Concert Review: Waka Flocka Flame at Livewire | Phoenix New Times

Concert Review

Waka Flocka Flame Heated Up Beautiful Old Town People at Livewire

Waka Flocka Flame was among peers at Livewire last night.
Share this:

“I’ve only seen half an ugly person in here!”

Waka Flocka Flame shouts this as he climbs back up on the Livewire stage. He had just been performing in the crowd, roving around both levels of the venue. Presumably he would have spotted the half-an-ugly during his three-song trek through the throng of twerkers and party-goers. What constitutes half an ugly person by Flockaveli standards remains a mystery. Maybe he spotted Two-Face in the audience, or came across a bewitching Scottsdale socialite with a shrunken twin head on her shoulder? For a paranoid moment I wonder if he’s talking about me.

The rapper's jacket looked like the kind of thing you’d wear while blasting My Chemical Romance at the food court.

tweet this
I certainly feel like the ugliest person in Old Town Scottsdale right now. Livewire is packed with a crowd of people that look like they were pulled straight out of a plastic surgeon’s highlight reel. Massive gotta-be-athletes cavorted alongside women who probably write “Instagram model” on their tax returns. Everyone in the crowd looked coiffed, dressed to impress, and judging by the way they were dancing, most certainly DTF. As for me, I looked every inch the schlubby 34-year-old blogger that I was. I had gotten to Livewire an hour before the show, after attending a family dinner where I ate two plates of pasta and drank enough red wine that I walked through a closed screen door. I felt gross and was pretty sure I looked even grosser. Wearing a worn hoodie and jeans straight off the Walmart rack, I felt like the “PRESS” bracelet around my wrist was the only thing keeping me from being scooped up by a frosted-tips busboy and chucked into an alleyway dumpster.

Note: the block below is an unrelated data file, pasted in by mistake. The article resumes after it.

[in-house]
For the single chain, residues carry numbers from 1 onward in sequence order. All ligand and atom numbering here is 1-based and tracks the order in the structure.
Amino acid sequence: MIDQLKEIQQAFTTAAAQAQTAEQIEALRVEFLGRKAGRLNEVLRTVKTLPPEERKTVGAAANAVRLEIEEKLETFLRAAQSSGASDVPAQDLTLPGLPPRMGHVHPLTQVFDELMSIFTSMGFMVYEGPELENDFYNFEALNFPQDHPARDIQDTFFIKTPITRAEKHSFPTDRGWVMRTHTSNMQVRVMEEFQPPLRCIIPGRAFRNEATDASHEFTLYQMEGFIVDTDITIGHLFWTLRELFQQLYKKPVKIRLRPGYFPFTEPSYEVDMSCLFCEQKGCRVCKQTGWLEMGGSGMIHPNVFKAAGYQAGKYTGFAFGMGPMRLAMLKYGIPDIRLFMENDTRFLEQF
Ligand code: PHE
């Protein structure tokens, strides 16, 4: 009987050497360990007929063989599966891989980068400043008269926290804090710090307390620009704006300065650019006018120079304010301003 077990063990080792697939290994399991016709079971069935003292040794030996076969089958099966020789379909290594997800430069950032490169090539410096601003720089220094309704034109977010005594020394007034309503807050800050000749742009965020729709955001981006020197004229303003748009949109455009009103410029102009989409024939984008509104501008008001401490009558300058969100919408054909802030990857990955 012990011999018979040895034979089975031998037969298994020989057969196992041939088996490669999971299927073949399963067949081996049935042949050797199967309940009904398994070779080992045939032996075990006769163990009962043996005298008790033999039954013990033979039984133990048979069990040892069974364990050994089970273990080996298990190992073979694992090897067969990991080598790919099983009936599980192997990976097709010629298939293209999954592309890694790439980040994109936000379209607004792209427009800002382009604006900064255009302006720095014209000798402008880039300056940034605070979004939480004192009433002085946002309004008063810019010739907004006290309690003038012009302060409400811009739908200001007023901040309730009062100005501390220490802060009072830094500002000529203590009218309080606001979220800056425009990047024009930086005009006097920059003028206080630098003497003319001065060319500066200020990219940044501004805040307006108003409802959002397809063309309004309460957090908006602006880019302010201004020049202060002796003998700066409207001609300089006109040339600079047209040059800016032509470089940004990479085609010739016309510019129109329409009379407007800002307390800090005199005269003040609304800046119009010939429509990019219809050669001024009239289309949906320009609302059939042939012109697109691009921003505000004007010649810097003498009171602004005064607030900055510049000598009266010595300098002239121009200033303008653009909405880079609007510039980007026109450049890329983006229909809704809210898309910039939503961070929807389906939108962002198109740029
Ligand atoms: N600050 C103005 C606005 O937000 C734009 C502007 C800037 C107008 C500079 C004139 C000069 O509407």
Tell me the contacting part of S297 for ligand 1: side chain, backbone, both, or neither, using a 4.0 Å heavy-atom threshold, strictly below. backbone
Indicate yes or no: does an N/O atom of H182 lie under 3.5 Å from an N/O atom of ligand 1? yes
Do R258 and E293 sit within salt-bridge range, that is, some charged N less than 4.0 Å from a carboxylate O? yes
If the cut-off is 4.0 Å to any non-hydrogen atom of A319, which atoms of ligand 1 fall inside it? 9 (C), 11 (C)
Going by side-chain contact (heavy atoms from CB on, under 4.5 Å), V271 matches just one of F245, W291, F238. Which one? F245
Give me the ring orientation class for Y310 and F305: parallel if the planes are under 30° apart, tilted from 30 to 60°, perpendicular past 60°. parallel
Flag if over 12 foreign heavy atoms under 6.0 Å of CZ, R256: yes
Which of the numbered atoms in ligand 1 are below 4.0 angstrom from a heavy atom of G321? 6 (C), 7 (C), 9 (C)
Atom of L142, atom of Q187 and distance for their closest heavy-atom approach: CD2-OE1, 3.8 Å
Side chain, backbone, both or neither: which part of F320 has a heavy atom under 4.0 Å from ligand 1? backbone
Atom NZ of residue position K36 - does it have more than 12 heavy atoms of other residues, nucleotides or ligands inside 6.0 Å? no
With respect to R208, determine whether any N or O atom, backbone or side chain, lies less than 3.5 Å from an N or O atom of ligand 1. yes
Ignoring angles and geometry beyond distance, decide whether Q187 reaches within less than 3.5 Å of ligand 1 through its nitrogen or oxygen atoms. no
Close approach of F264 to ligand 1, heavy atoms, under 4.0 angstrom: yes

I had never been to Livewire before. I was struck most by the sight of the huge eagle sculpture looming over the stage with guitars and speaker heads embedded in its wings. The bartenders wore “sexy reindeer” costumes and the security guards looked big enough to shoulder-check ogres. Most impressive of all was the near-deafening sound system, a wobbly-bass Death Star that vaporized our ear drums. 
The sound system was so loud that it turned the house DJ’s opening set into an unintentional comedic piece. In between playing radio jams, the DJ kept asking the crowd to make some noise for Flocka. It was impossible to tell if the crowd was making ANY kind of noise over the war machine’s relentless boom-bap. The frustrated DJ kept asking the crowd to make more noise to show Flocka “how AZ do,” but he couldn’t hear the crowd’s enthusiasm over Flo Rida shouting about boots with the fur. It was like someone took the “I can’t hear you” deaf school pep rally from Family Guy and turned it into a half-hour DJ set.